The “Galileo affair” is perhaps the most commonly discussed case of conflict between science and religion. According to widespread popular belief, Galileo Galilei (1564-1642) was a martyr of science; that he was not only tortured, but imprisoned by the Roman Catholic Church. Although this myth may make for good drama, it is seriously deficient as history. As many contemporary historians of science have argued, including Maurice A. Finocchiaro in his article in Galileo goes to Jail, the Church had understandable reasons for refusing to accept Galileo’s heliocentric model of the solar system: Galileo was unable to produce the proof he needed; the waters were also muddied by Galileo’s academic enemies and by several misunderstandings, basic mistakes, missed opportunities, and complex theological debates that were rooted in the Protestant Reformation. Richard J. Blackwell argues that the Galileo affair is centered on four important issues:
(1) the state of the scientific debate at that time over the comparative merits of the older earth-centered astronomy of Claudius Ptolemy (second century AD) and the more recent but conflicting sun-centered theory of Copernicus (1473-1543)
(2) the historical events that led the Catholic Church in 1616 to condemn Copernicanism as false and their rationale
(3) the question of what are the proper exegetical standards to be used in understanding the meaning and the truth of the Bible
(4) and the charges, the legal ground, and the course of events in Galileo’s trial and condemnation in 1633.
The Historical Background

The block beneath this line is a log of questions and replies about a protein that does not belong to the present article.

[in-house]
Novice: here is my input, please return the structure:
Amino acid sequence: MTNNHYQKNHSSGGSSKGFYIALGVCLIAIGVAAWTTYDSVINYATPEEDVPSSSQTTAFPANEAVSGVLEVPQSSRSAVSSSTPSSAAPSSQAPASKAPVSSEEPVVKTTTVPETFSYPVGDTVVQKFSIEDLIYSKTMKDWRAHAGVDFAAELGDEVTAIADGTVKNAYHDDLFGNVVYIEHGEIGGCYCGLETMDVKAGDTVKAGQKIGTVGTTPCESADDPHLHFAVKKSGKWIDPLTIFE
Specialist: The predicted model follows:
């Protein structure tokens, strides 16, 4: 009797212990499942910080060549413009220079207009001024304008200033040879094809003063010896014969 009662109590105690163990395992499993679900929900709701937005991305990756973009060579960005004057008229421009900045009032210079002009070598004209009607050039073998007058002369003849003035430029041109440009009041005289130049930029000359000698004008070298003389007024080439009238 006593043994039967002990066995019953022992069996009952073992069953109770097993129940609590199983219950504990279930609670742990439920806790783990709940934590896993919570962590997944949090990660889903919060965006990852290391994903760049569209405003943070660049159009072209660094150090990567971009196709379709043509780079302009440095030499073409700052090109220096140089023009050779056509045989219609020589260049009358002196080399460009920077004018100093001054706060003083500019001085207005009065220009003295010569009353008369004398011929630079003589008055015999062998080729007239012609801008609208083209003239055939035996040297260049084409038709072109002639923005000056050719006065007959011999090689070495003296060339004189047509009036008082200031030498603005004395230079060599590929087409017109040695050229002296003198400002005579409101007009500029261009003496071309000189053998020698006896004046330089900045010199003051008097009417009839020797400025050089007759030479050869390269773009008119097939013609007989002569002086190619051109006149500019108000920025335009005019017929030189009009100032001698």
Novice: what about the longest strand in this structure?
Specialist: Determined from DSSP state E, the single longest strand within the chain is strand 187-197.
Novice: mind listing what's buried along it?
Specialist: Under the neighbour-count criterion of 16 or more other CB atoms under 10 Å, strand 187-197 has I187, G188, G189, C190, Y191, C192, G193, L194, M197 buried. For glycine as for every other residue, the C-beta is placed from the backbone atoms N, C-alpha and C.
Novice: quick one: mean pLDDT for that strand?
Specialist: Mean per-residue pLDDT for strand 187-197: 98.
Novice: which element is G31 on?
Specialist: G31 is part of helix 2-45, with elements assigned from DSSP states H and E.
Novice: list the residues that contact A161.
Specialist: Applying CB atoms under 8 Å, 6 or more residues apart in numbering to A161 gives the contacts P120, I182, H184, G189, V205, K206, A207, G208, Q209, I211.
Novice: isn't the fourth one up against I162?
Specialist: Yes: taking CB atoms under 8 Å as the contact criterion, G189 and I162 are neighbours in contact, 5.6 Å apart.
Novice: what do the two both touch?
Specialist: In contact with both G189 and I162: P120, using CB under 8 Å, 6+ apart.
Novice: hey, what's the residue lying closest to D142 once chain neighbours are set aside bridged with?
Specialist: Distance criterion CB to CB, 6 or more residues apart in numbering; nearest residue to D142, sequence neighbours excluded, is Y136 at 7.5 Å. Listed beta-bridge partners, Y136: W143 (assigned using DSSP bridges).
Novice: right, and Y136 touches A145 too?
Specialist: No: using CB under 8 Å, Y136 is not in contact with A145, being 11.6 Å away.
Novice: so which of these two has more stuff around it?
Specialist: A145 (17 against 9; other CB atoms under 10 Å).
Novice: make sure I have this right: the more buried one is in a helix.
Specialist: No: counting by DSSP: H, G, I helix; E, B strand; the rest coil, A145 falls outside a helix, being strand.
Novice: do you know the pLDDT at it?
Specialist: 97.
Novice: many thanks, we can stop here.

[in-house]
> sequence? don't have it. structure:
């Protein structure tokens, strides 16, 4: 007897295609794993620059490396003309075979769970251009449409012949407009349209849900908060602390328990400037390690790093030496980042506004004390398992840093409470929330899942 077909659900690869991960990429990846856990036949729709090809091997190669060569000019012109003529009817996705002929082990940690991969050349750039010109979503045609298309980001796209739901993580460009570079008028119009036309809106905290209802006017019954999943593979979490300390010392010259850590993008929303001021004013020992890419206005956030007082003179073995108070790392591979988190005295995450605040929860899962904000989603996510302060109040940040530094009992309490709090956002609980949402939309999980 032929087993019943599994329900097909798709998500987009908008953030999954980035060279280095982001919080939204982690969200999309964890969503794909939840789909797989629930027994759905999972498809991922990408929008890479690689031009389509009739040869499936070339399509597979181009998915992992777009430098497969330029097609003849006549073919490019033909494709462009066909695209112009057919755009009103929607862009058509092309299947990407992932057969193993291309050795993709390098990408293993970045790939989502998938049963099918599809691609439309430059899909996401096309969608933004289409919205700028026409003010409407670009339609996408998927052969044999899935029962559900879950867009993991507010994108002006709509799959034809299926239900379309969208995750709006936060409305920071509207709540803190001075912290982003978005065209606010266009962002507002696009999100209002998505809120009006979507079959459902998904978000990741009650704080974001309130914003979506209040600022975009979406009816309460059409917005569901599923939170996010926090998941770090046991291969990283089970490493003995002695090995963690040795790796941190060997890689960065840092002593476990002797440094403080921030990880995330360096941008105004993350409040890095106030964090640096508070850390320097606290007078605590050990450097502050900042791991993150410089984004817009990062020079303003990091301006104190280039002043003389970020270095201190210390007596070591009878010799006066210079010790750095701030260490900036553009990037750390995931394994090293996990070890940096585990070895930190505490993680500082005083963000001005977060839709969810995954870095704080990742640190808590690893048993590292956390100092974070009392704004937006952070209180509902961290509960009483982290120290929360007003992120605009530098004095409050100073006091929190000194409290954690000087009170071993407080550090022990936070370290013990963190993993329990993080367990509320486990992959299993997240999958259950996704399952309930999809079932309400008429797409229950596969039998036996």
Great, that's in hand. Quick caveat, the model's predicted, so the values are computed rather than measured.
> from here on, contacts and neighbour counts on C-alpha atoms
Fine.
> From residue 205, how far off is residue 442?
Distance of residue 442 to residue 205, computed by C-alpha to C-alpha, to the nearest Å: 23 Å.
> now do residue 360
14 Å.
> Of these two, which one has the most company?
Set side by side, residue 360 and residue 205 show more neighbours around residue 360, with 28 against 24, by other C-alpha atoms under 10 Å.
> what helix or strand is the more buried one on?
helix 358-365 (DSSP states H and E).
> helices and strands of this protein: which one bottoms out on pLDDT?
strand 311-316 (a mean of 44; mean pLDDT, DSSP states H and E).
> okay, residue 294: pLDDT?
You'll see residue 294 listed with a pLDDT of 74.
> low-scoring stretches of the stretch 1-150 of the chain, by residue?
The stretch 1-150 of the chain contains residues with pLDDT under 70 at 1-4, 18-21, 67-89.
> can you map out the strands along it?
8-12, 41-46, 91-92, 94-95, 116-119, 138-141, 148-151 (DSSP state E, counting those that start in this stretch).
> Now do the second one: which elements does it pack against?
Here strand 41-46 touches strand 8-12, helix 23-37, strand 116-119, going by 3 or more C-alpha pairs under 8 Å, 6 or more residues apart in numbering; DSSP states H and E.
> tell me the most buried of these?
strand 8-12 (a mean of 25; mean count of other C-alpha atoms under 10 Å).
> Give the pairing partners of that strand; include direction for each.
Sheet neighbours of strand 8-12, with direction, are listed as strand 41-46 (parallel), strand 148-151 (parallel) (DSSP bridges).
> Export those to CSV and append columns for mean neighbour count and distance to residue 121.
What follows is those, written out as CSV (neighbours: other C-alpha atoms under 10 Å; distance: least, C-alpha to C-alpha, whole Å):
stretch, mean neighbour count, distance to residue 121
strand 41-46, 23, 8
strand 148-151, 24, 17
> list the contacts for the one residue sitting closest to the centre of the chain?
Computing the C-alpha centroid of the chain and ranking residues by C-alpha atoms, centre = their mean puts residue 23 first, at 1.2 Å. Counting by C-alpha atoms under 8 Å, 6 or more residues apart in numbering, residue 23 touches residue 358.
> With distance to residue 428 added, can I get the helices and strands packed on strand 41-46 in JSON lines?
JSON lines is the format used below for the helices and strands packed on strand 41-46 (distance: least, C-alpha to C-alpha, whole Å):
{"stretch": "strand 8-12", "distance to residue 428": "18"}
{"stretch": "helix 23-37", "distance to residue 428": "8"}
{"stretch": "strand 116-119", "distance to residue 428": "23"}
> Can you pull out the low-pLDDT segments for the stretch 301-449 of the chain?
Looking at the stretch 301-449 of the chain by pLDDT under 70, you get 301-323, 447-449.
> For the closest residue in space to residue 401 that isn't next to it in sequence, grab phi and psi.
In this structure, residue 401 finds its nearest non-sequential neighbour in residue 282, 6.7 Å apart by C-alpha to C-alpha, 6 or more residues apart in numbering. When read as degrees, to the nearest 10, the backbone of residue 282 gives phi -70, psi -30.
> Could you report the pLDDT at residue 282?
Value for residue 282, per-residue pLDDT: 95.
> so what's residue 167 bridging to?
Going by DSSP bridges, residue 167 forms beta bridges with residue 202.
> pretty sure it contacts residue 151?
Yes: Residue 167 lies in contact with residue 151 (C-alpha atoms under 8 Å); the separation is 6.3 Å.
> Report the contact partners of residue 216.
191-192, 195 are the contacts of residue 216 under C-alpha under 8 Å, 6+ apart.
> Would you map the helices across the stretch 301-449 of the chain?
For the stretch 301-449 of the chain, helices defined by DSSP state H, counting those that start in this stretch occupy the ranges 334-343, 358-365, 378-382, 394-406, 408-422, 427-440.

For nearly two thousand years before the Galileo affair, the almost universally accepted view of the heaven in Western culture was the geocentric theory initially proposed by Aristotle (384-322 BC) and later considerably refined mathematically by Ptolemy. Heliocentric systems were not unheard of, but they survived in Late Antiquity and the Middle Ages merely as curiosities. This universally accepted geocentric system, which came to permeate the medieval scientific and religious tradition, looked upon the earth as spherical, motionless, and fixed in the center of the entire universe. All of the then known observational evidence concerning the heavens was consistent with this astronomical model, especially when it was interpreted in the light of Aristotelian natural philosophy.
However, in 1543 Nicolaus Copernicus, a church official and accomplished astronomer from norther Poland, published a book, On the Revolutions of the Celestial Orbs, in which he took the heliocentric system and defended it as a true description of the universe. Copernicus modified the earlier view in a major way by locating the sun at the center of the universe and the earth and its moon in motion around the sun. Copernicus had no new evidence to justify his theory; rather, his primary motivation was that he though that his view had more internal coherence and greater explanatory power than Ptolemy’s.
Copernicus’ book was a highly technical astronomical text, dominated by detailed geometrical models for all of the planets. Because his book was highly technical, written for a small audience of mathematically proficient astronomers, it was little known and less read. Contrary to other myths, its publication created no public stir. But the book did secure an audience among astronomers, many of whom employed it for calculating planetary positions, while denying its claim to cosmological truth.